Around the world with Disney

Larry Davis is a YSU alumnus who now has a career with Disney.

Larry Davis

Larry A. Davis, ’76 BFA

It all started with an order for 50 bronze Mickey Mouse statues. Larry Davis was a graduate student living in California when he landed that freelance job casting figurines for Walt Disney.

The YSU alumnus never guessed that the Mickey Mouse assignment would launch an exciting and challenging 25-year career with Disney.

Growing up in Salem, Ohio, Davis dreamed of becoming a rock star, and he was the drummer for a local rock band when he enrolled as a freshman biology major at YSU. He had dropped out of school to focus on the band when he discovered his artistic talent by chance – he painted on the walls of the old house that he rented with friends, and people loved his work.

“Reality set in. I changed my major to art, went back to school full-time, and that’s when college became fun for me,” he said.  Davis enjoyed everything he tried – painting, photography, weaving, jewelry making – but he found his niche in sculpture.

Richard C. Mitchell, a YSU sculpture professor who is now a faculty emeritus, was the mentor who encouraged Davis to go on to graduate school after earning his BFA  at YSU in 1976. He applied at several universities ­– and received some rejections. “Finally I just packed up my rusty Ford Pinto and drove to California,” he said. He didn’t find out until he arrived that he’d been accepted at California State University’s fine arts graduate program in Long Beach.

As a sculptor, Davis liked combining metals and exotic woods, and he became adept at the multi-step bronze-casting process. A Cal State professor who worked for Disney recognized his talent and recruited Davis for the Mickey Mouse figurine project.

That job was followed by other work with the entertainment giant, and soon after earning his MFA degree he was on Disney’s payroll. Davis collaborated on development of the Epcot theme park in Disney World for its opening in 1982, then spent 12 years as a Disney store art director, designing and opening new retail centers in Paris, London, Tokyo, New York and other major cities across the world.

When Disney sold all its retail stores, Davis was facing a job loss, but he quickly landed another position at Disneyland. He was charged with renovating aging retail shops at the theme park, which turned 50 that year.  Later, when Disney bought back its retail stores, he created fresh store prototypes and in just 18 months opened 28 new stores in the U.S. and Europe. In January, Davis was promoted to senior show producer for Disney Imagineering, the theme parks and resorts’ creative arm, charged with assembling creative teams for new development at the Disneyland Resort properties in Anaheim. “I guess I’ve made myself valuable to the organization,” he said of his Disney career. “It’s a lot of fun, but it’s not all happy-happy. There’s a lot of work, a lot of responsibility.”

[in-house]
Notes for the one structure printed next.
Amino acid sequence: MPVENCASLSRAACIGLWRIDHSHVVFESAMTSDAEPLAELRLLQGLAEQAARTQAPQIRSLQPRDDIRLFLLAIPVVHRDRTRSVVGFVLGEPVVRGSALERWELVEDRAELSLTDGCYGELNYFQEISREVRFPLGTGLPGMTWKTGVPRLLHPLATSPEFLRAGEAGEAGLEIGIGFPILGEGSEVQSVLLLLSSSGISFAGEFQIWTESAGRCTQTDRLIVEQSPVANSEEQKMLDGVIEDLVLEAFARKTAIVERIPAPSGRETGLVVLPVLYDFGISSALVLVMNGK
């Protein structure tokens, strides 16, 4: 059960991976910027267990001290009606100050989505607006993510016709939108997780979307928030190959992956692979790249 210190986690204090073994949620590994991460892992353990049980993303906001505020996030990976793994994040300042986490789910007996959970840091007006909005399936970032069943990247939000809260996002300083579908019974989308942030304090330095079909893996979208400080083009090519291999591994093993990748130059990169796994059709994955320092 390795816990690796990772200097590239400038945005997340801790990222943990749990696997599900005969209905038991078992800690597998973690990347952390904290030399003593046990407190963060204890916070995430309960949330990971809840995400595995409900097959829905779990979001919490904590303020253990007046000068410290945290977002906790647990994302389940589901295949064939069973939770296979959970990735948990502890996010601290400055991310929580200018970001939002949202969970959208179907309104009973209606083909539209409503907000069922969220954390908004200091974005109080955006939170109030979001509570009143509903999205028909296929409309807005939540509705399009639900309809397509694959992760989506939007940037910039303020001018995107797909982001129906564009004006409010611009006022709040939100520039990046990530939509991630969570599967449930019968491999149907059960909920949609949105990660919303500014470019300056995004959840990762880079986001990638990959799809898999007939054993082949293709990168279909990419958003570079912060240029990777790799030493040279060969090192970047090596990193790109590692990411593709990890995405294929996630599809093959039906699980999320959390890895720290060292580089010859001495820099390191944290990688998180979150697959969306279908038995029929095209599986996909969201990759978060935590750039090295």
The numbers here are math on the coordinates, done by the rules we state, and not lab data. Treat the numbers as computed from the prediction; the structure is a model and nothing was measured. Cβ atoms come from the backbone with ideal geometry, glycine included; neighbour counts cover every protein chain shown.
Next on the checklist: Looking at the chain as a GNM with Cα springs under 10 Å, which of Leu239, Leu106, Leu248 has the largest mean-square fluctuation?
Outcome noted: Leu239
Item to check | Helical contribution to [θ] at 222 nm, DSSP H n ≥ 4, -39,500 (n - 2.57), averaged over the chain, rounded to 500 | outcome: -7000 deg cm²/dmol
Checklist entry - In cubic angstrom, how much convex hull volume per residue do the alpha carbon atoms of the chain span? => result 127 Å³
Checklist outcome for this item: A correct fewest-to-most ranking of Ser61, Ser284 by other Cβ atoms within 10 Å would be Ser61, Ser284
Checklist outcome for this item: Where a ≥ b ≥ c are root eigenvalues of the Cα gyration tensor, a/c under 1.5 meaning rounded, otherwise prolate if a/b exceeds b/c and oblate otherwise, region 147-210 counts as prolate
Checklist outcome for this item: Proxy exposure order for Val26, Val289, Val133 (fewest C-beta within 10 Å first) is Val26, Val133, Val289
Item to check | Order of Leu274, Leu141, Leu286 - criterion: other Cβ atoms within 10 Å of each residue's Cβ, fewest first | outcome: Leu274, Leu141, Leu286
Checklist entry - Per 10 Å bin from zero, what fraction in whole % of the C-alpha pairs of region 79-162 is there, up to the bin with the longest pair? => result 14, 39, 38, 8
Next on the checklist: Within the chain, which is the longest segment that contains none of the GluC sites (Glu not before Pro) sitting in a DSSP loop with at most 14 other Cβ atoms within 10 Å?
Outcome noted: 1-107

Davis has always managed to balance his work responsibilities with fun-filled and lucrative side jobs.  For example, he created props and worked as an assistant art director for TV ads and sit-coms, furnishing his downtown L.A. loft with their cast offs – kitchen cabinets from the set of the comedy “One Day at a Time,” a table from a Whirlpool ad and carpet from a Kraft Macaroni and Cheese commercial.

In the mid-80s, he was commissioned to create a series of ornate boxes for the King of Saudi Arabia and others involved in a multi-million-dollar mosque-rebuilding project. He left Disney for five years, started his own business and hired six part-time workers to complete the work.

And he created a 17-foot-tall steel and copper sculpture weighing just over a ton that stands on the plaza outside a new building on Burbank Boulevard in downtown Burbank.

Davis, who lives with his wife, Maureen, just north of downtown Los Angeles, still enjoys creating sculptures. His latest work, titled “The Jawless Series,” features fantastical, three-dimensional creatures comprised of bones, machined parts and other materials he’s collected over the years.

(Previously published in YSU Magazine, Spring 2011)